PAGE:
Nigeria’s stock market has witnessed recurring bearish trade performance this year, with the All-share index recording a decline of 5% year to date, due to large sell-offs from blue chip stocks on the exchange bourse.
According to a stockbroker who spoke with Nairametrics, “Pension funds are no longer buying and there are no foreign portfolio investors, so the market is basically dead,” suggesting that the lack of institutional investor participation like Pension funds is affecting stock market performances. The data also confirms the suspicion.
According to the pension funds industry portfolio report, it appears Nigerian Pension Funds’ investments in Nigerian equities have declined by N27.84 billion between January and April 2021. A possible reason why equities have been negatively affected.
As of 31st December 2020, Pension Fund investment in domestic equities stood at N858.46 billion, which dropped to N830.62 billion by April 2020. This represents a 3.2% decline in the space of four months. In contrast, Pension Funds have increased their purchase of government securities and investment in bank placements.
While allocation to equities somewhat decreased, allocation to bank placements increased to N1.64 trillion from N1.53 trillion. Allocation to FGN Bonds also increased from N7.3 trillion to N7.45 trillion. Bear in mind that total Pension Fund Assets as of April 2021 was N12.39 trillion compared to N12.30 trillion as of December 2020.
According to one analyst who spoke during Nairametrics “OneTheMoney” Twitter spaces show last Saturday, Pension Funds are being wooed by banks to place funds in fixed deposits that promises as high as 15% per annum. As CBN continues to debit banks via its CRR policy, some banks have resorted to Pension funds to shore up their deposits and avoid borrowing short-term funds via the CBN’s punitive Standard Lending Facility window.
Mark to market hitting equities
Analysts also suggest the mark to market policy of valuing the net asset of pension funds is also a major factor affecting their purchase of stocks. All pension funds are required to publish their daily Net Asset Value Per Share (NAVPS) which is basically the market value of their asset’s divided by the number of shares issued to its pension fund contributors.
In order to value their assets daily, they will have to update the value of their investments which include equities as well as fixed income securities like bonds, treasury bills, fixed deposits etc.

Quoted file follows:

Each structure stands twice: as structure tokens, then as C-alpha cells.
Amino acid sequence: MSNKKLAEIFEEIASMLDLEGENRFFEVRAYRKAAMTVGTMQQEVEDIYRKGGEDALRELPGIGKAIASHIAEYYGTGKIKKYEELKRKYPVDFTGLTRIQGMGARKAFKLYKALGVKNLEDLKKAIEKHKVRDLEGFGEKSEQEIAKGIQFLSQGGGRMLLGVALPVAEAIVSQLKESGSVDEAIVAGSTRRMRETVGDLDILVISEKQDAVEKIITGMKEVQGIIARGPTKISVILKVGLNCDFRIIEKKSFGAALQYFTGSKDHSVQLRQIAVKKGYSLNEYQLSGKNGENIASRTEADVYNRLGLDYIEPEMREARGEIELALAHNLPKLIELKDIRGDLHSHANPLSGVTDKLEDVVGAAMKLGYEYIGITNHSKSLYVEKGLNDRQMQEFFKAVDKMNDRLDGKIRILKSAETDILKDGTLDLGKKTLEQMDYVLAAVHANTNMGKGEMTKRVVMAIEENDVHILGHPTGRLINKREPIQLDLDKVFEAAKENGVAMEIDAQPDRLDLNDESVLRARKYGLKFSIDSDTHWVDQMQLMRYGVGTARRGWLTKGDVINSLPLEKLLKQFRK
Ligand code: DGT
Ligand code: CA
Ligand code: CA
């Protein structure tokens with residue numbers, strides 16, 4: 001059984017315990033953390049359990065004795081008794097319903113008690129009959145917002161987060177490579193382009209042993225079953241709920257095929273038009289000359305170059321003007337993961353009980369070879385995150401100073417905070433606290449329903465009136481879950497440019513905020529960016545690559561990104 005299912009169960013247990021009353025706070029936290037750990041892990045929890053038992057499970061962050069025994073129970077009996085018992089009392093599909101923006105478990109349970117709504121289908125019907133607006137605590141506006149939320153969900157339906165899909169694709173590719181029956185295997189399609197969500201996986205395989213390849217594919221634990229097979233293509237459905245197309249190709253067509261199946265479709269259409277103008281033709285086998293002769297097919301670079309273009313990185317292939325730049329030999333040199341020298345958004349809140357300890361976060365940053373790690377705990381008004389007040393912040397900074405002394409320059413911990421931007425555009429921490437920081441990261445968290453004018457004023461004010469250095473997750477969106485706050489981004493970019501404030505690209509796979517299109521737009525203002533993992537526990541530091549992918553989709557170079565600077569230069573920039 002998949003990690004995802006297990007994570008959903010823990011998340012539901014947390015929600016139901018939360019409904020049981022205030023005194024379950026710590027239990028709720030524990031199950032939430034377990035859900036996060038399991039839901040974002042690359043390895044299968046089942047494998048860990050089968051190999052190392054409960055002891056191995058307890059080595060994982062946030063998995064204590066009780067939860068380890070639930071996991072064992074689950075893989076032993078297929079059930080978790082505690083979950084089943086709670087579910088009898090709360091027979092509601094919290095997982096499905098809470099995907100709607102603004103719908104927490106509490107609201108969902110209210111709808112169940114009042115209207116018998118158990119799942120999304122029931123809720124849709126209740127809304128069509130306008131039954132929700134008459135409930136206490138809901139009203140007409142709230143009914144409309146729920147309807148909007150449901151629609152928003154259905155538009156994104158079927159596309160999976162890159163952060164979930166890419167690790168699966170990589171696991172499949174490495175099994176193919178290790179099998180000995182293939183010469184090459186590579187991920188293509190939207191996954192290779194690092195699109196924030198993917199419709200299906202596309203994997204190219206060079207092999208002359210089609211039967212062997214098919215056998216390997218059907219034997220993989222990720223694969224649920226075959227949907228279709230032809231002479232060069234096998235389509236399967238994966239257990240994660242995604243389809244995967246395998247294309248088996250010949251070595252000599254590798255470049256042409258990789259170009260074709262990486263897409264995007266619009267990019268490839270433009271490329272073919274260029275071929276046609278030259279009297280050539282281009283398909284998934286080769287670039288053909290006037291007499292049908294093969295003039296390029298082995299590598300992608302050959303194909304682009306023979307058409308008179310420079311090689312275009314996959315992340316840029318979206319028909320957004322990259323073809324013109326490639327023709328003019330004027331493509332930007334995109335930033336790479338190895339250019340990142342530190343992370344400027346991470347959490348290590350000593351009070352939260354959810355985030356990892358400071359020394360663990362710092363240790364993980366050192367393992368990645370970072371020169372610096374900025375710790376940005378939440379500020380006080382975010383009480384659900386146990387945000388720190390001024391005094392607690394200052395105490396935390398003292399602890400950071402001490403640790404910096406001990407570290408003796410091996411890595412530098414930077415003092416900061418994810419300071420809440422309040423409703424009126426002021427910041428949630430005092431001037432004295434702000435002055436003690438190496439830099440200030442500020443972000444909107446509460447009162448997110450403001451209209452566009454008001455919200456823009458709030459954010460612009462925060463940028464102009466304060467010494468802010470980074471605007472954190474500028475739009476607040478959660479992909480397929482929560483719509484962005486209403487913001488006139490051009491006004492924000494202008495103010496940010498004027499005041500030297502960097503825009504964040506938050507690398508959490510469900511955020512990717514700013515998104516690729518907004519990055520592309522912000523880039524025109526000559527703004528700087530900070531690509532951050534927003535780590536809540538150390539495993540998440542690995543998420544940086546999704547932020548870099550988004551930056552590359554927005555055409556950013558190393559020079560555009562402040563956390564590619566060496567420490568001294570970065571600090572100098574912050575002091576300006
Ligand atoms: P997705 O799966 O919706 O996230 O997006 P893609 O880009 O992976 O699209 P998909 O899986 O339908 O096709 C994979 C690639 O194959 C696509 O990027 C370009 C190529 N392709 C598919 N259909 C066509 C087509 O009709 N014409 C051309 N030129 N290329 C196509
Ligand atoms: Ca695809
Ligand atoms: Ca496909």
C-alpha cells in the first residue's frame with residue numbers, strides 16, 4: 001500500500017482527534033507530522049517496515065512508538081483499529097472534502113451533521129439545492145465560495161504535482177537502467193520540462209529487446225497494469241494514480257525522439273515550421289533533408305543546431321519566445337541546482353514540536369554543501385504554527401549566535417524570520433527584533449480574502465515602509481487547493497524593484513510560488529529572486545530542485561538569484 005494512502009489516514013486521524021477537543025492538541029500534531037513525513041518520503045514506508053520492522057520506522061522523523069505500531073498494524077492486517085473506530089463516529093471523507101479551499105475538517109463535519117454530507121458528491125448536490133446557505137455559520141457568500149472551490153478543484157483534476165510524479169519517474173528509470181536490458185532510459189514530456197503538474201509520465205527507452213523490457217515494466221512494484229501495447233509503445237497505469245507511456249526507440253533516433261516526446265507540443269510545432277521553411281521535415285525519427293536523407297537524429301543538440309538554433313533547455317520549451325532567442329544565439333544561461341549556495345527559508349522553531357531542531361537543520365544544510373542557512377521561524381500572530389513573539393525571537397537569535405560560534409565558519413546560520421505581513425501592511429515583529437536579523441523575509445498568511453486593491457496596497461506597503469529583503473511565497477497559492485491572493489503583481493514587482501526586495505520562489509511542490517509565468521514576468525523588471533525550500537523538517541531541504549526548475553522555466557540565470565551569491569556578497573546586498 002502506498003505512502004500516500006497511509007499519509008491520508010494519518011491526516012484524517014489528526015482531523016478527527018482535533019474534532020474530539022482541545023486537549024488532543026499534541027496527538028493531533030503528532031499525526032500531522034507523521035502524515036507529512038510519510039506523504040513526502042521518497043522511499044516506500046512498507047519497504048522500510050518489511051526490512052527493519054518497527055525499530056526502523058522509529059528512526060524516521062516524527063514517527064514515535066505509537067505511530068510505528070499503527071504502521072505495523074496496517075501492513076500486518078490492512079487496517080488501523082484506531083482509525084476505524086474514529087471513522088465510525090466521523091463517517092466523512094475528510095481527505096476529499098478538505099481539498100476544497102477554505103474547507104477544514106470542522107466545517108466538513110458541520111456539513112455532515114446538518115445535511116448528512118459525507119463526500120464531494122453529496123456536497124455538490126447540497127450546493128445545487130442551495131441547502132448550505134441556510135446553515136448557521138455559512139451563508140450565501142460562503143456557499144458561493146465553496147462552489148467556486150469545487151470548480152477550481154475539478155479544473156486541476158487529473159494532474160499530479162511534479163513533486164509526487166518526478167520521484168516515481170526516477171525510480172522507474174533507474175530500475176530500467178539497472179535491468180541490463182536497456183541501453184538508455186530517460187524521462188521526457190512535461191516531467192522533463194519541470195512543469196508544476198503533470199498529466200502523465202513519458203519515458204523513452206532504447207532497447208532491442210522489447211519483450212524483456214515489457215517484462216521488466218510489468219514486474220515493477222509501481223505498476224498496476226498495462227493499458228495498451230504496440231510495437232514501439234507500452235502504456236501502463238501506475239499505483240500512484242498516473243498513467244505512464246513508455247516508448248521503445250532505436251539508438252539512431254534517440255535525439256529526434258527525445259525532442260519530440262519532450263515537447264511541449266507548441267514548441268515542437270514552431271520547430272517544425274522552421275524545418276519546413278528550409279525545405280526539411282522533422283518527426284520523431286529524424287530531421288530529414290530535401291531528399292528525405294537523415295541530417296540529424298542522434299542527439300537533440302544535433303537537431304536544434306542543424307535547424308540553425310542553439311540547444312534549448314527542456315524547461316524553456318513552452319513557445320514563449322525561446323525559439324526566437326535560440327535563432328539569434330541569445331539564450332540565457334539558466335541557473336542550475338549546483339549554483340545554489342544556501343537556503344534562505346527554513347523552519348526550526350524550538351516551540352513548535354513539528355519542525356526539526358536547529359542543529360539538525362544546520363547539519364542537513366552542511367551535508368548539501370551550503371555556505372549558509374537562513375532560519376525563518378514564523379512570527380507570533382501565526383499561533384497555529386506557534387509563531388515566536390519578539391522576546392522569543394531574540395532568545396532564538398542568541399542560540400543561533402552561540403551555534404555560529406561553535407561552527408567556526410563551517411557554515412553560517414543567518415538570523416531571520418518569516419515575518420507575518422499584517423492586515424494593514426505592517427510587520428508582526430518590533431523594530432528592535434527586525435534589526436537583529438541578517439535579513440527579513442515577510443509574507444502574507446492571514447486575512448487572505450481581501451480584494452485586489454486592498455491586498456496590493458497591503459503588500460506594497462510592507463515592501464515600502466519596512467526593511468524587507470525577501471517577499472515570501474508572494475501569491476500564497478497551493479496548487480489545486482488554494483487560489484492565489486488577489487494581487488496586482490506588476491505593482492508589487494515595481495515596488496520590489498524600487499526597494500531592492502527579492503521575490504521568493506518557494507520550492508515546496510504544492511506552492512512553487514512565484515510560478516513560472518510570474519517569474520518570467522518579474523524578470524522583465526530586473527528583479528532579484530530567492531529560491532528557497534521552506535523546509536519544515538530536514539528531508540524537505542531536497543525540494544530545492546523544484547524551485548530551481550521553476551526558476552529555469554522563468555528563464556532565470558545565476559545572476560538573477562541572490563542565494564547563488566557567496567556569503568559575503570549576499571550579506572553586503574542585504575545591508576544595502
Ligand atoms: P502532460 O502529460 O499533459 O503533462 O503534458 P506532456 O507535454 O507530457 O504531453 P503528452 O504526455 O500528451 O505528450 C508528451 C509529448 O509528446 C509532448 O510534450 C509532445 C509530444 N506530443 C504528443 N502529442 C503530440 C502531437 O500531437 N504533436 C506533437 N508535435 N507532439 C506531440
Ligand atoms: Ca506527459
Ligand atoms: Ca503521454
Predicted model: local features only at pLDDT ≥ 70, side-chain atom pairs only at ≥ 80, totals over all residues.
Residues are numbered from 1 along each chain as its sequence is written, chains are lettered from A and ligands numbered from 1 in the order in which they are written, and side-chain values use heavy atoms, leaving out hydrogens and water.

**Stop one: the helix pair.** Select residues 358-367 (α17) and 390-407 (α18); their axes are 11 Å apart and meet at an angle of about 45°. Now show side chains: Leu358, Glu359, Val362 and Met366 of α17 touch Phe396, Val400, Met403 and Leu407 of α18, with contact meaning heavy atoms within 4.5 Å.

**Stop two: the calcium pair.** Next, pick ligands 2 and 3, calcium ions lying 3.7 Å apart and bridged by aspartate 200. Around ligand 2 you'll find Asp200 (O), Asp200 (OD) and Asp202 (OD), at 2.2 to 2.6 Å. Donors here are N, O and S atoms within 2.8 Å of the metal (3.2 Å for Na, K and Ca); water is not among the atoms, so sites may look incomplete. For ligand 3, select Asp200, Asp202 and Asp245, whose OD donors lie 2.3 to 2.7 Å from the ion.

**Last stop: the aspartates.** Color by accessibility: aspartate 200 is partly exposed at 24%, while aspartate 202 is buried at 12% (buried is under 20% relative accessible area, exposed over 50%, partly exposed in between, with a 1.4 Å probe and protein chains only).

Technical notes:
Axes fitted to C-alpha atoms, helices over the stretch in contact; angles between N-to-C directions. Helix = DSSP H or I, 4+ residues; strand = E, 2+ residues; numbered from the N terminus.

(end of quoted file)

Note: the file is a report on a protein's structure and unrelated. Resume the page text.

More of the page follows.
Unfortunately, the asset class that is the most volatile in their portfolio is equities. Share prices rise and fall every day, thus, in a bearish market or one perceived to be bearish, share prices are likely to fall sooner than later.
Pension Fund administrators are well aware of this risk and thus, pare down their investment in equities to avoid any negative effect on their Net Asset Value Per Share. When equities did very well towards the end of 2020, Pension Funds Administrators increased their investments in Nigerian equities, from N595.48 billion as of January 2020 to N858.46 billion by the end of 2020.
However, as of April 30, 2021, the total gross asset value of investments in equities had declined as they cycle funds away from equities.
Another stockbroker who shared his frustration with Nairametrics suggested the lack of trust in equities exhibited by fund managers is a major issue for market participation. “Pension Fund Managers are either waiting for foreign portfolio investors to lead the way or whichever of their counterparts will move first,” he said, suggesting that the impetus to invest in the market is driven by fear of missing out (FOMO) rather than fundamentals.
While the larger economy continues to struggle amidst a weak GDP growth rate in the first quarter of 2021, most listed companies have performed extremely well in the first quarter of 2021. For example, Nigeria’s quoted companies worth one trillion and above of market capitalization (1TMCs), all reported improved earnings per share in the quarter ended March 2021.
Nairametrics also understands foreign portfolio investors continue to remain on the sidelines in the wake of Nigeria’s FX debacle. Fund managers who spoke to Nairametrics on condition of anonymity reveal orders from foreign investors are yet to pick up from their drop at the height of the Covid-19 lockdown.
As of the 4th quarter of 2020, foreign portfolio investments in equities fell to just $18 million, its lowest since we started tracking. Even in the second and third quarter of 2020, when stocks were on a bullish run, portfolio inflows into equities was just $53million and $44 million respectively.
Investors also cite the shallow nature of the Nigerian stock market as a challenge. As one fund manager explained, “If we already have stakes in major equities, what else is there to buy?” Pension Funds are not allowed to own more than 7% stake in any quoted company.